About two weeks ago I was sent a copy of the book
Warnings: The True Story of How Science Tamed the Weather by Mike Smith (Hardcover – May 1, 2010)
[Mike’s weblog is http://www.mikesmithenterprises.com/blog.cfm].
I was asked to review, and, as a courtesy to a professional colleague, I agreed to do that. I did not expect, however, that I would be riveted to such a truly outstanding contribution to the history of meteorology!
His autobiographical discussion of his experiences, as well as others, with tornados, microbursts from severe thunderstorms, and hurricanes, and the development of improvements in the monitoring and dissemination of their threats that the public and commerce face with this weather feature is as interesting as the best fiction novel! He presents the plot, provides the (real world) characters, and builds each story in the book to its climax event, whether it is a tornado, a microburst or a hurricane. After reading, you learn quite a bit about not only the science of forecasting, but also the people who were involved.
Mike also candidly illustrates serious issues with bureaucratic involvement with the development of the improvements in forecasting and the distribution of weather information, including examples from the National Weather Service, the Air Force, Federal Emergency Management Agency and others.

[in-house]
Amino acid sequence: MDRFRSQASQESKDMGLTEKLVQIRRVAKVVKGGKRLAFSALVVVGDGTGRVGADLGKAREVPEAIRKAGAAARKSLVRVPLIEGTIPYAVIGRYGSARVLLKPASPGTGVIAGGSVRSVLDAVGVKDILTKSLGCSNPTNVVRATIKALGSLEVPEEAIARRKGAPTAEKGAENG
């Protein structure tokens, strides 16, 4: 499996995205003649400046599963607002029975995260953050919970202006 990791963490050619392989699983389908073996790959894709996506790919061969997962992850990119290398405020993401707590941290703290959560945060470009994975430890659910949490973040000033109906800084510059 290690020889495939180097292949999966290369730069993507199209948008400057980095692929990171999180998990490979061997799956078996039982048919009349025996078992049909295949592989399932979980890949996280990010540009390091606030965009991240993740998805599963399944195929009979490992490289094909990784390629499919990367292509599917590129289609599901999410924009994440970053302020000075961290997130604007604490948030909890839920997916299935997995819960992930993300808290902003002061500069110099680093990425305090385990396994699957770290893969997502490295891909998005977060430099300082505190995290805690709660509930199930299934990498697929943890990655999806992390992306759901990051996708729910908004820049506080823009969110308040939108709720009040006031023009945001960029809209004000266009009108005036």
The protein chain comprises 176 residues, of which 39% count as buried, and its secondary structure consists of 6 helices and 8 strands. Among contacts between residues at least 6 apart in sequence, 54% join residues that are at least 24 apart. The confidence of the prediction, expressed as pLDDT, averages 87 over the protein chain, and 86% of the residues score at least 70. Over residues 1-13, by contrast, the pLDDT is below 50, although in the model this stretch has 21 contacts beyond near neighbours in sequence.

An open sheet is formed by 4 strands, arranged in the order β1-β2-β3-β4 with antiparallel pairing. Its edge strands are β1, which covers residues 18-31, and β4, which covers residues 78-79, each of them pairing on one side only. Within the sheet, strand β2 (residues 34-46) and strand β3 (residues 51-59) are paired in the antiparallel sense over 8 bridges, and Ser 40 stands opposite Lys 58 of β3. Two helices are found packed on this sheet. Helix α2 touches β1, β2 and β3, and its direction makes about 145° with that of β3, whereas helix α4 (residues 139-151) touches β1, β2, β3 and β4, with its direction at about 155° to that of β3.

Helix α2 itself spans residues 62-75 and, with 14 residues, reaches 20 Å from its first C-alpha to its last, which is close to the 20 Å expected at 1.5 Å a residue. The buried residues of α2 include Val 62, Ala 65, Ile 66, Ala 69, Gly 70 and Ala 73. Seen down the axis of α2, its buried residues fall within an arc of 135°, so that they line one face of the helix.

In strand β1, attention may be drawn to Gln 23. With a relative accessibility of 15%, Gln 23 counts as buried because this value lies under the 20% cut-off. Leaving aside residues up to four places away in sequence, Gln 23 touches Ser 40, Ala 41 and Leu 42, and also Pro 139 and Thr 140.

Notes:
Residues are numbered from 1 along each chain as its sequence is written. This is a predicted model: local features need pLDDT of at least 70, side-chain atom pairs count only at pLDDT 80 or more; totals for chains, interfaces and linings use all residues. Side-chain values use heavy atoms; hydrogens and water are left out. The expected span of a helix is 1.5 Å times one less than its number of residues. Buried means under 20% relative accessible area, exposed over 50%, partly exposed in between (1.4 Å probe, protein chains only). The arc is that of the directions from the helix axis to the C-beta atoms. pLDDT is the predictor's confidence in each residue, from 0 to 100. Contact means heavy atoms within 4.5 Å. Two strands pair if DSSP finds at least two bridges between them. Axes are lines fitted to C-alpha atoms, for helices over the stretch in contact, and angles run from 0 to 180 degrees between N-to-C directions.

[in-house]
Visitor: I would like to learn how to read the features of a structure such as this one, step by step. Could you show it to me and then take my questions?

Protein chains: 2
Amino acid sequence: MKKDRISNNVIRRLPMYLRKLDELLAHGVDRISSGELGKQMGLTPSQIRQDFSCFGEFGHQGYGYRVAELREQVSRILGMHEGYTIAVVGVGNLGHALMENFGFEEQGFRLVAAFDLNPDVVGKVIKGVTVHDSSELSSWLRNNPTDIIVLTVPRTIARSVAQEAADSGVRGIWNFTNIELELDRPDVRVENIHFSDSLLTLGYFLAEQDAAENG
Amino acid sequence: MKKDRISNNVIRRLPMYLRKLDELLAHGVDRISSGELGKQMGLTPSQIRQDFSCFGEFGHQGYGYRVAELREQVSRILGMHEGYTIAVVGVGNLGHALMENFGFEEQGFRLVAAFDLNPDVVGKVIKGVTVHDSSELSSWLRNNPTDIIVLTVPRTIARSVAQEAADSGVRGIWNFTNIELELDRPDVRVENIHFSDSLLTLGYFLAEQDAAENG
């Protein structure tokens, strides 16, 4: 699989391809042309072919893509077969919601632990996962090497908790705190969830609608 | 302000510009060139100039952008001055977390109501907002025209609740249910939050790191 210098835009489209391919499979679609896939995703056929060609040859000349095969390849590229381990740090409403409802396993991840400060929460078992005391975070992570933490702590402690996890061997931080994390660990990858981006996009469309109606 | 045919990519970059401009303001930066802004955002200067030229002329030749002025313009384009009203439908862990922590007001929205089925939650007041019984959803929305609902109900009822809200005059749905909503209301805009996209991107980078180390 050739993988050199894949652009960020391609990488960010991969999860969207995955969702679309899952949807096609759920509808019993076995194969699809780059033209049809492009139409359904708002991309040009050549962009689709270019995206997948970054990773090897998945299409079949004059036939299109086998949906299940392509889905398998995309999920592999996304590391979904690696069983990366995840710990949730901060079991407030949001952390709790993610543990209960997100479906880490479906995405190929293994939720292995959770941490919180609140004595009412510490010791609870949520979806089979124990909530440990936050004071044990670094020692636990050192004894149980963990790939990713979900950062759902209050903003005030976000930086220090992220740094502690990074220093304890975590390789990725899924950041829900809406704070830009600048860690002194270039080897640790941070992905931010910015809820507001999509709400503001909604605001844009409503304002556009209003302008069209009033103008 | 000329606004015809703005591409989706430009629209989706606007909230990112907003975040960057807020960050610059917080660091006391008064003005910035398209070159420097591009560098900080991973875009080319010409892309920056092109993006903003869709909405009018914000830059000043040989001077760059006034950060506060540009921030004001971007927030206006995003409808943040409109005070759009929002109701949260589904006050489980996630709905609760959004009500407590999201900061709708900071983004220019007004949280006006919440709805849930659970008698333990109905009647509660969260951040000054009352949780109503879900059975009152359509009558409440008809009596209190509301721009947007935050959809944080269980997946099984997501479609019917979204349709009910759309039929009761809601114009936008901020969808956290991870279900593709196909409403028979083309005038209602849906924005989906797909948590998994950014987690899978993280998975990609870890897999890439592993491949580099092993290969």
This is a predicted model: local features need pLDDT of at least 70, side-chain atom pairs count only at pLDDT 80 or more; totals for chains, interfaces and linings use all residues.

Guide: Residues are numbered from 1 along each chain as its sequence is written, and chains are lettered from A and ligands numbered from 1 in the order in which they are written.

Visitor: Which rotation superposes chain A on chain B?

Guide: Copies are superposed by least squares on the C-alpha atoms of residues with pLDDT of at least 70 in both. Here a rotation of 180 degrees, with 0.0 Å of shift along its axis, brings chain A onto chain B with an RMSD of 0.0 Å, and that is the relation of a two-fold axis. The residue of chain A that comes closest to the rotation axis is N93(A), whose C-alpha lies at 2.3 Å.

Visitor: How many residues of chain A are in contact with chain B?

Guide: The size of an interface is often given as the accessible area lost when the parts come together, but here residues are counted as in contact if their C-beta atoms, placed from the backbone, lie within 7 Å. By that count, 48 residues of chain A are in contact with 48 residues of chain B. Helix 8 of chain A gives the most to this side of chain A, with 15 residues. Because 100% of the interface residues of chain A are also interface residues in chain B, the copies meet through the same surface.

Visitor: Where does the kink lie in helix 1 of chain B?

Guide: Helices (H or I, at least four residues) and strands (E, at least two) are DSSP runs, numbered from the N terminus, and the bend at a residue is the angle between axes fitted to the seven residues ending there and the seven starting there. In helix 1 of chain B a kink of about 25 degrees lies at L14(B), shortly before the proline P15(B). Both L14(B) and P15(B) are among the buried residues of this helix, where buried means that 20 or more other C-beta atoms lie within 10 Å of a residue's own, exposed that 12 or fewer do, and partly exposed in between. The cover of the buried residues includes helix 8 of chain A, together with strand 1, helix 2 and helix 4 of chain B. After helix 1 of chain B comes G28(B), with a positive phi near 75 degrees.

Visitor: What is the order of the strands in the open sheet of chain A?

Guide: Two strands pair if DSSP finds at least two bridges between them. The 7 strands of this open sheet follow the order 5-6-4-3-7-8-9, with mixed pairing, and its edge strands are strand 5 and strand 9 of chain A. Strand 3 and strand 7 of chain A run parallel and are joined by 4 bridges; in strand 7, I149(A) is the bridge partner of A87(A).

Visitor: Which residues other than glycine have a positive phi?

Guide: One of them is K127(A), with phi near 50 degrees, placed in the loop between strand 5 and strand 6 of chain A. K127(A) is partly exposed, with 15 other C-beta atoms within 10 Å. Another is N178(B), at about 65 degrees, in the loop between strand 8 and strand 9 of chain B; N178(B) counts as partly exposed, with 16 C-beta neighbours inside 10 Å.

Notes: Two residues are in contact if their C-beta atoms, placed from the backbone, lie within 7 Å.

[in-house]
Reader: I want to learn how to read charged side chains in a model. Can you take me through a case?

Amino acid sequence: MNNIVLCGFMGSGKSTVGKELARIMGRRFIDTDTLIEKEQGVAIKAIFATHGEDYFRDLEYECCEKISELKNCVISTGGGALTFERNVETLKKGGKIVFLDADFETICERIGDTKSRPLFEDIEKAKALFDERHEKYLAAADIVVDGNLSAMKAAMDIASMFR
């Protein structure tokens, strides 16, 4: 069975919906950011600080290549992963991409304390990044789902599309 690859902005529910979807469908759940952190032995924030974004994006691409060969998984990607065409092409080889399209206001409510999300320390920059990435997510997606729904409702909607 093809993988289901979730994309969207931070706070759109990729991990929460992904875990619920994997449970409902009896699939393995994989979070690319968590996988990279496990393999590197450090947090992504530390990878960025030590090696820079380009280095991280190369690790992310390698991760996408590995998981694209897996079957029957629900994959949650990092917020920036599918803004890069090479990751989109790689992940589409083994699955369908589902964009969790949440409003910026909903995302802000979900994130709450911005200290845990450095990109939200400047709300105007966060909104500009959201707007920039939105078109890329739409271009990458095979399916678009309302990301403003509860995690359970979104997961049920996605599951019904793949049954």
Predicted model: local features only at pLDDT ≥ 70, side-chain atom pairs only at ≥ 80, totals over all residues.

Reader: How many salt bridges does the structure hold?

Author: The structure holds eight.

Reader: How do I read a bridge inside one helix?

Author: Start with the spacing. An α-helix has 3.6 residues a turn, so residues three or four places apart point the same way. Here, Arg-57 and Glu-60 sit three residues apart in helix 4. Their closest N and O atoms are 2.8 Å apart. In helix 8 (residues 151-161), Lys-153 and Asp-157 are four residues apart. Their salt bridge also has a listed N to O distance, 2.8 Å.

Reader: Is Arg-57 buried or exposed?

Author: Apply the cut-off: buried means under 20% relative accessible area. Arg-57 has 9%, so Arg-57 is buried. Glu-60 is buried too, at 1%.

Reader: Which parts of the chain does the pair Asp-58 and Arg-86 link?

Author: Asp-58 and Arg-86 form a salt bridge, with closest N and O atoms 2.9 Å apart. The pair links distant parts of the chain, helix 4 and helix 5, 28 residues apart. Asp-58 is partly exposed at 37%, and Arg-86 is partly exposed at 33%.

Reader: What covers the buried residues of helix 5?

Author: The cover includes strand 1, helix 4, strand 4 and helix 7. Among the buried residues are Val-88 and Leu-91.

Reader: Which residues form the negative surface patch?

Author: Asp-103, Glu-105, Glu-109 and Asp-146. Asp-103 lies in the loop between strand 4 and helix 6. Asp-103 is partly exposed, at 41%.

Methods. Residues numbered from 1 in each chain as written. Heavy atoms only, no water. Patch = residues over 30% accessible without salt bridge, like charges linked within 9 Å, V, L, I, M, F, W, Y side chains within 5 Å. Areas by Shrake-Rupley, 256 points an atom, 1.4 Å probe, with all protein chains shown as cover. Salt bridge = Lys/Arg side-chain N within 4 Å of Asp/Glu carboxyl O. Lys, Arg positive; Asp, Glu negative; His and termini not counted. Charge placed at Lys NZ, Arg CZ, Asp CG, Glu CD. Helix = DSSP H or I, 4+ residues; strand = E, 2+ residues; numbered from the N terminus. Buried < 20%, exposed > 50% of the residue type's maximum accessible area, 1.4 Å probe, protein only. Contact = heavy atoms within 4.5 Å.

He presents an effective, and very well written, evolution of how the work of the National Weather Service, private corporations and others has prevented thousands of deaths. Ted Fujita (who I was also fortunate enough to know also) was appropriately recognized for his seminal contributions to severe thunderstorm knowledge.
The Greensburg, Kansas tornado of 2007 is presented at the end of the book to illustrate how far the meteorological community has come in alerting us to the deadly threat of F4 and F5 tornadoes. Mike was (and remains) a major contributor to why we have made so many improvements to severe thunderstorm forecasting and why so many lives have been saved.
I highly recommend this exceptional book.